glaze on the entire surface of the ob- 
ject. This discovery was soon fully 
exploited, and salt-glazed stoneware 
was produced in abundance in areas 
such as Siegburg and Cologne. 

Typical of late sixteenth-century Sieg- 
burg stoneware is a tall tankard in the 
Cooper-Hewitt collection (Figure 8). 
The glaze on Siegburg wares allowed 
the near-white stoneware body to 
show, and decoration frequently con- 
sisted of molded designs. The iconog- 
raphy of this Siegburg jug illustrates 
both the sacred and the secular aspects 
of the Renaissance in the North. The 
body of the piece is covered with 
interconnected strapwork, scrolls, 
foliage, and cherubs, clearly inspired 
by sixteenth-century pattern books. 
Roundels and ovals enclosed by the 
strapwork and grotesques are filled 
with narrative pictorial scenes. Near 
the handle is a roundel depicting the 
story of Joseph with Potiphar's wife. 
Below that is a figure of a knight, and 
at the lower part of the body is a view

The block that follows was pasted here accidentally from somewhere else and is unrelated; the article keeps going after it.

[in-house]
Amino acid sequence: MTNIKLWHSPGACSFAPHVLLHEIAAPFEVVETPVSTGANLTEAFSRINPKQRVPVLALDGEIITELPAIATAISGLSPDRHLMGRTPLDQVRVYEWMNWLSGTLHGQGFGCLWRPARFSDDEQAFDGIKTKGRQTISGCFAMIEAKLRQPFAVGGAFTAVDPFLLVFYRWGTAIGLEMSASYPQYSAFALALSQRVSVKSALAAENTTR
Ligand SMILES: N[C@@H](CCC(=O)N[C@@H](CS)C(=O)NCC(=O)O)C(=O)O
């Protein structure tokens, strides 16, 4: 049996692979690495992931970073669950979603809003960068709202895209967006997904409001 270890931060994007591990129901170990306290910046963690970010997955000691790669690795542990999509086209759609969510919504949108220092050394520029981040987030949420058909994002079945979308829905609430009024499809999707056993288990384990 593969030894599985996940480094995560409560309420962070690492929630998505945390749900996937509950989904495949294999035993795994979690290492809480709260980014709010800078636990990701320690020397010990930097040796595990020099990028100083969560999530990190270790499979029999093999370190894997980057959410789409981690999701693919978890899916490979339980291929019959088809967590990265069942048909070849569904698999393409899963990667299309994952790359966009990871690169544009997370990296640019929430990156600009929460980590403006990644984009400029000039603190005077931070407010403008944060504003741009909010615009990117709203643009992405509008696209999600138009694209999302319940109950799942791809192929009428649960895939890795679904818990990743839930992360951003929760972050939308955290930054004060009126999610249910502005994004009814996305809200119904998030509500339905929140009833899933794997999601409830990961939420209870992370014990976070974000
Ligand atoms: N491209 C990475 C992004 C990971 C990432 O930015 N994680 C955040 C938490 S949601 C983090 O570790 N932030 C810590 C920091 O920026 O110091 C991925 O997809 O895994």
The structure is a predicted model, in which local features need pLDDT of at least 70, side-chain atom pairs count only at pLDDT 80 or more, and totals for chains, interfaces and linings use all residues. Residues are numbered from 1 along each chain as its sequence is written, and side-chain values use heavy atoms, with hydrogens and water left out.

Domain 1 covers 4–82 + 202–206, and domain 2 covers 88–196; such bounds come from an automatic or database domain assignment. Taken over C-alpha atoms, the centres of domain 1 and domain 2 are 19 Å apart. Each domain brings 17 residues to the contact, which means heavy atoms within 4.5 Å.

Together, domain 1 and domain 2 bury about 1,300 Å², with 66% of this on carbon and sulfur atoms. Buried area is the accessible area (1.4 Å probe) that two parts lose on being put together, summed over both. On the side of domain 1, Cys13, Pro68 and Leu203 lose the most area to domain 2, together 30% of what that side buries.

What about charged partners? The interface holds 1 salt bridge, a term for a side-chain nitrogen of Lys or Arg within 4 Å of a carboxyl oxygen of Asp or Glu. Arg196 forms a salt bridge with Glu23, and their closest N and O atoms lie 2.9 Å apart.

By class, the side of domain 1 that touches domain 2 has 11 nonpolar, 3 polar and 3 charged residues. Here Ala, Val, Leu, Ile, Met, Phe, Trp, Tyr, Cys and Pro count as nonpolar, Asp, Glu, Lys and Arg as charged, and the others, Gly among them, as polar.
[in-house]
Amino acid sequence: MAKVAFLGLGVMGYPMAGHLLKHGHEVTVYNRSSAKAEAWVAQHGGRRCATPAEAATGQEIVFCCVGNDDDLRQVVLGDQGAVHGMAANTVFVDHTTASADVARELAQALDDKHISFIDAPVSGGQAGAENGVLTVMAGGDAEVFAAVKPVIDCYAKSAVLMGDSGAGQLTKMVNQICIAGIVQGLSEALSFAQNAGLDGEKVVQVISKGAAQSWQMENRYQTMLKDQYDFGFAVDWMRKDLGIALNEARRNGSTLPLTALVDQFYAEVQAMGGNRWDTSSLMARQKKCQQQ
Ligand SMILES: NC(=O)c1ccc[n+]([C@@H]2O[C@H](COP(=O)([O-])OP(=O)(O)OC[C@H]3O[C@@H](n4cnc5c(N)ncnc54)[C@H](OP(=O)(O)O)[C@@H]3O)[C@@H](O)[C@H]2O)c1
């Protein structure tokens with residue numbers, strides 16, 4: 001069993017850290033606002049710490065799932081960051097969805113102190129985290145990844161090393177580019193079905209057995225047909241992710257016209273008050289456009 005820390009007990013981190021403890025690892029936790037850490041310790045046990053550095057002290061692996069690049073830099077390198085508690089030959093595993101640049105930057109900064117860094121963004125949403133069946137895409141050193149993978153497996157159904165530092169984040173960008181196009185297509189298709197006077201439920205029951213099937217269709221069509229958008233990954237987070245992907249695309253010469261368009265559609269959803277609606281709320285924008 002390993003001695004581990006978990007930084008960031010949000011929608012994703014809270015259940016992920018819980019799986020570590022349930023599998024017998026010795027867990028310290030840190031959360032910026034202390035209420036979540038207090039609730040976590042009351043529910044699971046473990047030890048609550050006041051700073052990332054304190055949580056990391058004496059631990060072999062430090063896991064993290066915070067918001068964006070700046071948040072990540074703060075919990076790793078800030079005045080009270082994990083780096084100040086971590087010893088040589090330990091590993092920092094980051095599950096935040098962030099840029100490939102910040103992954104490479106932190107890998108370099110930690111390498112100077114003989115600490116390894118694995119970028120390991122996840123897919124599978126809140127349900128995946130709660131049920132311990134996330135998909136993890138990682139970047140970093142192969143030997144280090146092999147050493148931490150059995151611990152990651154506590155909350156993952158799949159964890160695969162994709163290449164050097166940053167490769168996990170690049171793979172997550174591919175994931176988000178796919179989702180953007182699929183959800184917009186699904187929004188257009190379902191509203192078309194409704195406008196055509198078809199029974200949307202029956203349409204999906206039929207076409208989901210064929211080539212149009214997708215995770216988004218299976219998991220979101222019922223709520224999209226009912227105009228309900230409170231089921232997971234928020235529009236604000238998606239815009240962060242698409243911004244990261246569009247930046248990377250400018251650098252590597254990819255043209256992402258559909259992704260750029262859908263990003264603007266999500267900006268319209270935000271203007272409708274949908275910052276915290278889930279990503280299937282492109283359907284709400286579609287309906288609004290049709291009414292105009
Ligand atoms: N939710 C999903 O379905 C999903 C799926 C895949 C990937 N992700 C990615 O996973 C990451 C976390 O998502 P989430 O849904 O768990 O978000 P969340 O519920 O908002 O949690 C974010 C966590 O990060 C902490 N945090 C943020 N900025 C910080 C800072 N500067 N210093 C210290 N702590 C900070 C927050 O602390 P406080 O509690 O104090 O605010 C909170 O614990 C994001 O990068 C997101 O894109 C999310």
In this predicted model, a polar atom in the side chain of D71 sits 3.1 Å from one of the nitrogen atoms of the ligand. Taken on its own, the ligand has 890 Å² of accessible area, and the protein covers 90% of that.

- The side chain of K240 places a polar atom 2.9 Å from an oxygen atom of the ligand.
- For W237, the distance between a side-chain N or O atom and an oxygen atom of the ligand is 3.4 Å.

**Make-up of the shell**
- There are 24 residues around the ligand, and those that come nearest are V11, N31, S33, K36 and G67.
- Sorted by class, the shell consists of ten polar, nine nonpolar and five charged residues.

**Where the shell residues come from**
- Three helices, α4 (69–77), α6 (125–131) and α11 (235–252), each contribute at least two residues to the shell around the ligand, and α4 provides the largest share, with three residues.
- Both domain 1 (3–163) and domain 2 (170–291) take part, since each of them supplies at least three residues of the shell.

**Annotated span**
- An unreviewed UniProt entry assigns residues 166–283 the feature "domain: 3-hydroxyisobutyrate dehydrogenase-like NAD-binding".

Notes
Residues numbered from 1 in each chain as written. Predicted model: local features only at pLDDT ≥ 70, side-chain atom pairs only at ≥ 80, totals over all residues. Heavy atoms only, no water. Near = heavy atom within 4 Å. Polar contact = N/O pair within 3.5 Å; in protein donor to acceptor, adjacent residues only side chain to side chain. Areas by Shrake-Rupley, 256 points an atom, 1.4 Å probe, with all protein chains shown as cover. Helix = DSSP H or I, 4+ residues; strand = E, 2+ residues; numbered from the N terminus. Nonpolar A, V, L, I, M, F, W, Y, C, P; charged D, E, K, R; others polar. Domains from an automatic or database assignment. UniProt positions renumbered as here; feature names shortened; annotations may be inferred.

of a sixteenth-century town not unlike 
Siegburg itself, peopled with charac- 
ters from the story of David and 
Bathsheba. The techniques of molding 
can be seen in this example; each 
pictorial and ornamental panel is du- 
plicated three times around the body 
of the tankard, and the juncture be- 
tween molded sections is clearly 

Germany, Saxony 
Jar, about 1675 
Stoneware, silver 
Gift of MiltonJ. Blume 

The stoneware traditions of Germany 
continued, with changes over time in 
ornamentation, color, and molded 
decoration that kept pace with the 
general artistic climate. Even as late as 
the end of the seventeenth century, 
molded stoneware vessels clearly de- 
scended from the Siegburg wares were 
still being produced (Figure 9). In this 
late example, the molded decoration 
consists of bust-length portraits alter- 
nating with stylized floral devices. 
Each relief is framed by stamped 
lozenge-shaped borders. A carry-over 
from the earlier tradition is the combi- 
nation of stoneware with metal 
mounts at the foot and neck; in this 
instance, the mounts bear the mark of